Weapons of Spiritual Warfare: Part 2 – Fighting despair with worship

          In the first part of this series, we looked at who exactly we are fighting. We examined the fact that we are not fighting people but fighting against spiritual satanic forces. The enemy uses people, but they are not the enemy. In this part I am going to look at the wicked weapon of despair, and how God has given us a powerful weapon to defeat that weapon in worship.

            What is despair? Despair sounds like this:

“It is hopeless.”

“It will never change.”

“There is no use in fighting; you will only lose.”

“You will always fail, you will never gain victory.”

“You are not loved by anyone, no matter how hard you try.”


            All these statements and versions of them are demonic whispers that are aimed to keep you from knowing who you are. Even the great men of God succumbed to despair. Take Elijah in 1 Kings 19. In Chapter 18, the Lord did a mighty work by defeating the prophets of Baal. However, in 19:2, Satan worked through the words of Jezebel as she threatened Elijah. He retreated in the desert and vss. 3-4 recount his despair. John the Baptist, after he had baptized Jesus, experienced a fantastic sight of the Trinitarian God commissioning Jesus for ministry (Matthew 3:16). But when in prison, obviously forgot who he was and who Jesus was (Luke 7:20). Peter (after denying Jesus) was in bitter despair (Matthew 26:75).


            Why were these great men of God in despair? Because when they heard the words of the enemy, the demonic whispers of death, they believed those words. They forgot who they were considering the God they served. It took God intervening in their lives to restore them. The word of despair we hear in our ear have that same power. They only work if we believe them. Our circumstances may accentuate the satanic words of discouragement. The choices we have made may have led us to a place where no hope seems possible. But God has a different view. He has a different plan.


            To combat despair, God has given us a potent weapon in worship. When we worship God, we acknowledge three things:

1.    His presence

2.    His majesty

3.    His love

Nothing can stand against God. If we truly believe that God is the all-powerful, holy, and benevolent God that He is, then the enemy cannot beguile us with demonic words of despair. In our time of despair, when we lift our praises and worship God, the Holy Spirit ministers to our soul, as He ministered to Elijah. God frees us from the prison of our self-imposed sentence of hopelessness. He restores us like he restored Peter (John 21:15-19).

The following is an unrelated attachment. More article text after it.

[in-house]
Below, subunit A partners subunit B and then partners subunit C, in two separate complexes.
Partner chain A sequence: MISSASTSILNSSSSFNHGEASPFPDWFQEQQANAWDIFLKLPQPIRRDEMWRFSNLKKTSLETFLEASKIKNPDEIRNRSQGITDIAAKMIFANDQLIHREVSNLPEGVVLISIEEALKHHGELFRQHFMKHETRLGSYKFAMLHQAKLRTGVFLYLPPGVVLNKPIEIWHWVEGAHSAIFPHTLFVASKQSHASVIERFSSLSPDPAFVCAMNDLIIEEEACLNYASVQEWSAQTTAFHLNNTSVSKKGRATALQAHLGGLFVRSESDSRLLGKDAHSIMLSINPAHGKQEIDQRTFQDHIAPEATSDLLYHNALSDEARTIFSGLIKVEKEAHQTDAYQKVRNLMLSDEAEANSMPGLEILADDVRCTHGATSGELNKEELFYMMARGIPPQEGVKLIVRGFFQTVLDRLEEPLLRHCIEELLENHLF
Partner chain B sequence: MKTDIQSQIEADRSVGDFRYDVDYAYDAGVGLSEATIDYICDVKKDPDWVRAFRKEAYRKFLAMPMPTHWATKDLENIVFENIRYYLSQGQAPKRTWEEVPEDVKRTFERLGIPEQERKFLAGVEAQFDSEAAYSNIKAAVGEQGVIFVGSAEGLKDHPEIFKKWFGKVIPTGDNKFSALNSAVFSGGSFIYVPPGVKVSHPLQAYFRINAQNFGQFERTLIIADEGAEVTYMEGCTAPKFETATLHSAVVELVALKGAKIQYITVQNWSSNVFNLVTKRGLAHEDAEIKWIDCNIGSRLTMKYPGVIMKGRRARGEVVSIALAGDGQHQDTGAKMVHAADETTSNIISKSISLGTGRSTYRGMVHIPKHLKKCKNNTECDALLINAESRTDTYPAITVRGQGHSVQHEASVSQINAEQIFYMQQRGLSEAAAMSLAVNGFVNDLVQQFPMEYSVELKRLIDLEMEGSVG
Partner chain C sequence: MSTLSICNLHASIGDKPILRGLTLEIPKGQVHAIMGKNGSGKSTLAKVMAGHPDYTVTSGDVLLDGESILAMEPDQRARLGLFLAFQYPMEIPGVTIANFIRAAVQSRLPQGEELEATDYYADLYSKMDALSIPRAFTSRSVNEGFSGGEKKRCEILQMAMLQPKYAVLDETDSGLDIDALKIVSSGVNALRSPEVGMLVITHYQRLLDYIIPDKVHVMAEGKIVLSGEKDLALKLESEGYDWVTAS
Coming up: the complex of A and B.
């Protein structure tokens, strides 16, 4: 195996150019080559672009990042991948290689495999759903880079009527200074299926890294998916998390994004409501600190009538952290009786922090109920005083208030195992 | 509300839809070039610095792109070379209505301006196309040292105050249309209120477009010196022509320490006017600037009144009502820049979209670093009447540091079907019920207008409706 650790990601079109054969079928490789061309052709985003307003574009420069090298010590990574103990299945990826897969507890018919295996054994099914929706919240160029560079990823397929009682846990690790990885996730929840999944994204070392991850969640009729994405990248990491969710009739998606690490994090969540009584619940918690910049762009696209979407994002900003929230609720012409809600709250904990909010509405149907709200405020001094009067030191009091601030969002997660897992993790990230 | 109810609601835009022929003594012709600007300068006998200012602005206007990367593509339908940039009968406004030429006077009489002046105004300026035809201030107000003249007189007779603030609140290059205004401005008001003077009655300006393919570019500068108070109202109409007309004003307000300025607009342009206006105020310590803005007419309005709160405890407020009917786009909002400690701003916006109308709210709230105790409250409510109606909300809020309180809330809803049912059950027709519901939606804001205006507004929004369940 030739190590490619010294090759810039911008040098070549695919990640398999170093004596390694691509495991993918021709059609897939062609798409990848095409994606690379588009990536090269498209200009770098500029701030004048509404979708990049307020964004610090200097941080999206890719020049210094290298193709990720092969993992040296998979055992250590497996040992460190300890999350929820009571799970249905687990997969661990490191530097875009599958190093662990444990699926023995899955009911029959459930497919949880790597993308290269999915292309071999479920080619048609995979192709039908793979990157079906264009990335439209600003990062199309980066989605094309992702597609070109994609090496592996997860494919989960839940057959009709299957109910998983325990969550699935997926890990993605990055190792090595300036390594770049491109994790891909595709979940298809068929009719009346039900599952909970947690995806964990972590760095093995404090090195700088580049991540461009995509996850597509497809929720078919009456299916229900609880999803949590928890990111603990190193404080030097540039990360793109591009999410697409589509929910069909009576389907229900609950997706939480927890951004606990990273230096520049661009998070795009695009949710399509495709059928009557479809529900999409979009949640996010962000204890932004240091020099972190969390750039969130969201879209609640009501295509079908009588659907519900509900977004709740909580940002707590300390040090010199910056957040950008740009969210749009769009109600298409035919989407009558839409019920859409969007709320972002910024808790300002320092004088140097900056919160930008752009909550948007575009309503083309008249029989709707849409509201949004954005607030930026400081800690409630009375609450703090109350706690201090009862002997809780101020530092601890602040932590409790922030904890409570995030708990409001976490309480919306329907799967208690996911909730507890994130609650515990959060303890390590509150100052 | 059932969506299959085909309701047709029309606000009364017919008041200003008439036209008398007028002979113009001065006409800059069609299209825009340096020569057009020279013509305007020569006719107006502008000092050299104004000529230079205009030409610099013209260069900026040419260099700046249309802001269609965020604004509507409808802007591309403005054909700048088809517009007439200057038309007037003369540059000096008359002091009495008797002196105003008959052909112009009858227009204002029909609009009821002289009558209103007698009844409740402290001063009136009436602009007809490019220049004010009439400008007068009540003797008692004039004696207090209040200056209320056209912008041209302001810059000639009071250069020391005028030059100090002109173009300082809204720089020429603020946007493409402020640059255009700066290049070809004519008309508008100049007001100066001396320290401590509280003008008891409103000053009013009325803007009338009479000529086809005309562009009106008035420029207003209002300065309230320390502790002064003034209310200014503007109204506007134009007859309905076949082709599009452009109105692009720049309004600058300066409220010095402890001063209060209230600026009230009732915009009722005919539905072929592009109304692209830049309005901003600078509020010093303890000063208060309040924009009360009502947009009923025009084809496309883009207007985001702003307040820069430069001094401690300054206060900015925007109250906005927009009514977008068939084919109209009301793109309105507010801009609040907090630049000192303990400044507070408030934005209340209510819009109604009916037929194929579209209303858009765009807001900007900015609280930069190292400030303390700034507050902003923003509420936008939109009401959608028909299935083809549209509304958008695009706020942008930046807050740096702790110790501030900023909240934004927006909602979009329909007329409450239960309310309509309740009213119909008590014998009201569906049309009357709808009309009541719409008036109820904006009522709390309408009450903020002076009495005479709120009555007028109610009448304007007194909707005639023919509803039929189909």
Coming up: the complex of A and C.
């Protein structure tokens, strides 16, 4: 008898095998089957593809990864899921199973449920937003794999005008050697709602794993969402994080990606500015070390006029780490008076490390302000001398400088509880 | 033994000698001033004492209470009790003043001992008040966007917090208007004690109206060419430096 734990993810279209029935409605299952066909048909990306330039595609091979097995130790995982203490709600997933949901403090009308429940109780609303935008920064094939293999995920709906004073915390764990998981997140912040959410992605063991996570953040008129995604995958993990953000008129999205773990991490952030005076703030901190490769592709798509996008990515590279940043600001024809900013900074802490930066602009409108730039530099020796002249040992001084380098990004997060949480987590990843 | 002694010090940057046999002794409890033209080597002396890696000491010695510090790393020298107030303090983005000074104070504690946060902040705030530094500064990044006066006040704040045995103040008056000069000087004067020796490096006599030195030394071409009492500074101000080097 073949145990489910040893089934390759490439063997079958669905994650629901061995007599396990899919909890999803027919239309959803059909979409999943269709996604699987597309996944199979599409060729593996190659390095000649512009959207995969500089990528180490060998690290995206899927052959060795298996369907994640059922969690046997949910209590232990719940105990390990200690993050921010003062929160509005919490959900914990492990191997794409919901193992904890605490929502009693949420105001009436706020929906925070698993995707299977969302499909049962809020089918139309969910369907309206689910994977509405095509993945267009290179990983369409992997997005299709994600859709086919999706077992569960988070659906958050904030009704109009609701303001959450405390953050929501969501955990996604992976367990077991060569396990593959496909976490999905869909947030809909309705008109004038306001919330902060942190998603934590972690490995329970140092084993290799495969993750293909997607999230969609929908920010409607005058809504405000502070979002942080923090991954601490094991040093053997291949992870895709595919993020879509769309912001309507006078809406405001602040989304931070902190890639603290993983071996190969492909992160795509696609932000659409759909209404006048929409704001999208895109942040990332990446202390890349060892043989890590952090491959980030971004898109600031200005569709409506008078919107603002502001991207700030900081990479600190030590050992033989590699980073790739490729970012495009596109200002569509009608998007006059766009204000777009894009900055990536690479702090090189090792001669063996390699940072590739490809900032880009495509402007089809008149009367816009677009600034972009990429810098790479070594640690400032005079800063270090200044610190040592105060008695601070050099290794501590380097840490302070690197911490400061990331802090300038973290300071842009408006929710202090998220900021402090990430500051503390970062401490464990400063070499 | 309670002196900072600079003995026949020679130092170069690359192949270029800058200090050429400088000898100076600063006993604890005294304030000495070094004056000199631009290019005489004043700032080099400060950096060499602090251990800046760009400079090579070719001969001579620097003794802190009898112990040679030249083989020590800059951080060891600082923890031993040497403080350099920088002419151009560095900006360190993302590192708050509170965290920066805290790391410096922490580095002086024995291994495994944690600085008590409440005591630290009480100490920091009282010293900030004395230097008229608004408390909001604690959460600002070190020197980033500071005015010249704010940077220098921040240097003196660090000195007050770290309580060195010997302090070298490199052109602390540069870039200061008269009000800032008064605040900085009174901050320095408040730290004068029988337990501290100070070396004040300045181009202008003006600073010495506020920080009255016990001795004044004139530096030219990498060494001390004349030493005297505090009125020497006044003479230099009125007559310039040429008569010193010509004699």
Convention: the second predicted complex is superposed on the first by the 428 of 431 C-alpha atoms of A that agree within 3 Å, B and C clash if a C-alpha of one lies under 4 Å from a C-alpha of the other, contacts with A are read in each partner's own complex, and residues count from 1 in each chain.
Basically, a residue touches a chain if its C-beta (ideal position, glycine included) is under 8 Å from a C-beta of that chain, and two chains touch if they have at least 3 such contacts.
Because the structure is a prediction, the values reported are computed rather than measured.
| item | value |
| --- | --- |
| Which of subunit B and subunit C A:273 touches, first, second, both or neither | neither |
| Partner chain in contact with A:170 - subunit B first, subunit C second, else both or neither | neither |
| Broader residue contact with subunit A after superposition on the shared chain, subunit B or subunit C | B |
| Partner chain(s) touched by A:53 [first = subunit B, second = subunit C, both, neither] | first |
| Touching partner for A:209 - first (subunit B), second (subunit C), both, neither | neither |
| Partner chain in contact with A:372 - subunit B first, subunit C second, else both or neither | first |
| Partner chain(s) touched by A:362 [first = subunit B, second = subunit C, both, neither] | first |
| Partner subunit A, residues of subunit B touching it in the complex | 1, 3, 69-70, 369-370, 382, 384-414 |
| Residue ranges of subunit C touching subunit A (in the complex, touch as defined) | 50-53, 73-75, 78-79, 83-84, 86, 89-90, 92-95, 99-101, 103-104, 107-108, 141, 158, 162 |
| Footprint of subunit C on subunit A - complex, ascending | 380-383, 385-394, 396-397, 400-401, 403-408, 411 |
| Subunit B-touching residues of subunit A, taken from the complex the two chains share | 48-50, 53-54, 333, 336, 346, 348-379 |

Worship brings us into the presence of God by allowing Holy Spirit to work through us. We can bring our despair before the throne and through His love, He washes despair away. Look at Psalm 5. David starts in hopelessness and asks the Lord to listen to him. In vs. 5, David reminds himself of who God is. In that presence and majesty, in vs. 7, David worships God and knows his place before Him.


            When we worship, the demons flee. They have no place in the presence of God. Our worship is like a horrible noise that they cannot stand. To illustrate, let me go back to a story from WWI. Last time I told a story about Christmas 1914. Just a few months earlier, on the 23rd August of 1914, England had had just entered the war. The Germans had fought Belgium and French armies but had not encountered the British until this summer day. The Germans, knowing that the British were on the other side, waited for them to come. Out in the distance, they heard the most horrible noise imaginable. First, it started with drums, and then out of the fog and the mist, marched the British troops, along with musicians playing the horrible music they had ever heard. What was more, the musicians were wearing skirts! It sounded something like this:

The Germans called them “damen aus der Hölle” or “Ladies from Hell.” Who they were in fact, was the Scottish Black Watch. Now, to a German soldier, who had only heard Bach, Wagner, and Beethoven (and some German Umpa music from the Beer Gardens), the bagpipes were the most horrible sound one could imagine. But to someone of Scottish heritage (like myself) the sound of the drums and the bagpipes playing “Scotland the Brave” by folks wearing Kilts (not skirts!) fills our hearts with pride and a bit of joy.

            It is like that with worship. The demons hear a horrible screeching noise and they must flee from it. To us, it is sounds of joy. Despair has no place in our lives. Although the enemy attempts to deceive us into thinking our circumstances are higher than our God, worship reminds us of the truth of a victory already won. Knowing who we are in Jesus through worship combats any lie the enemy can foster.


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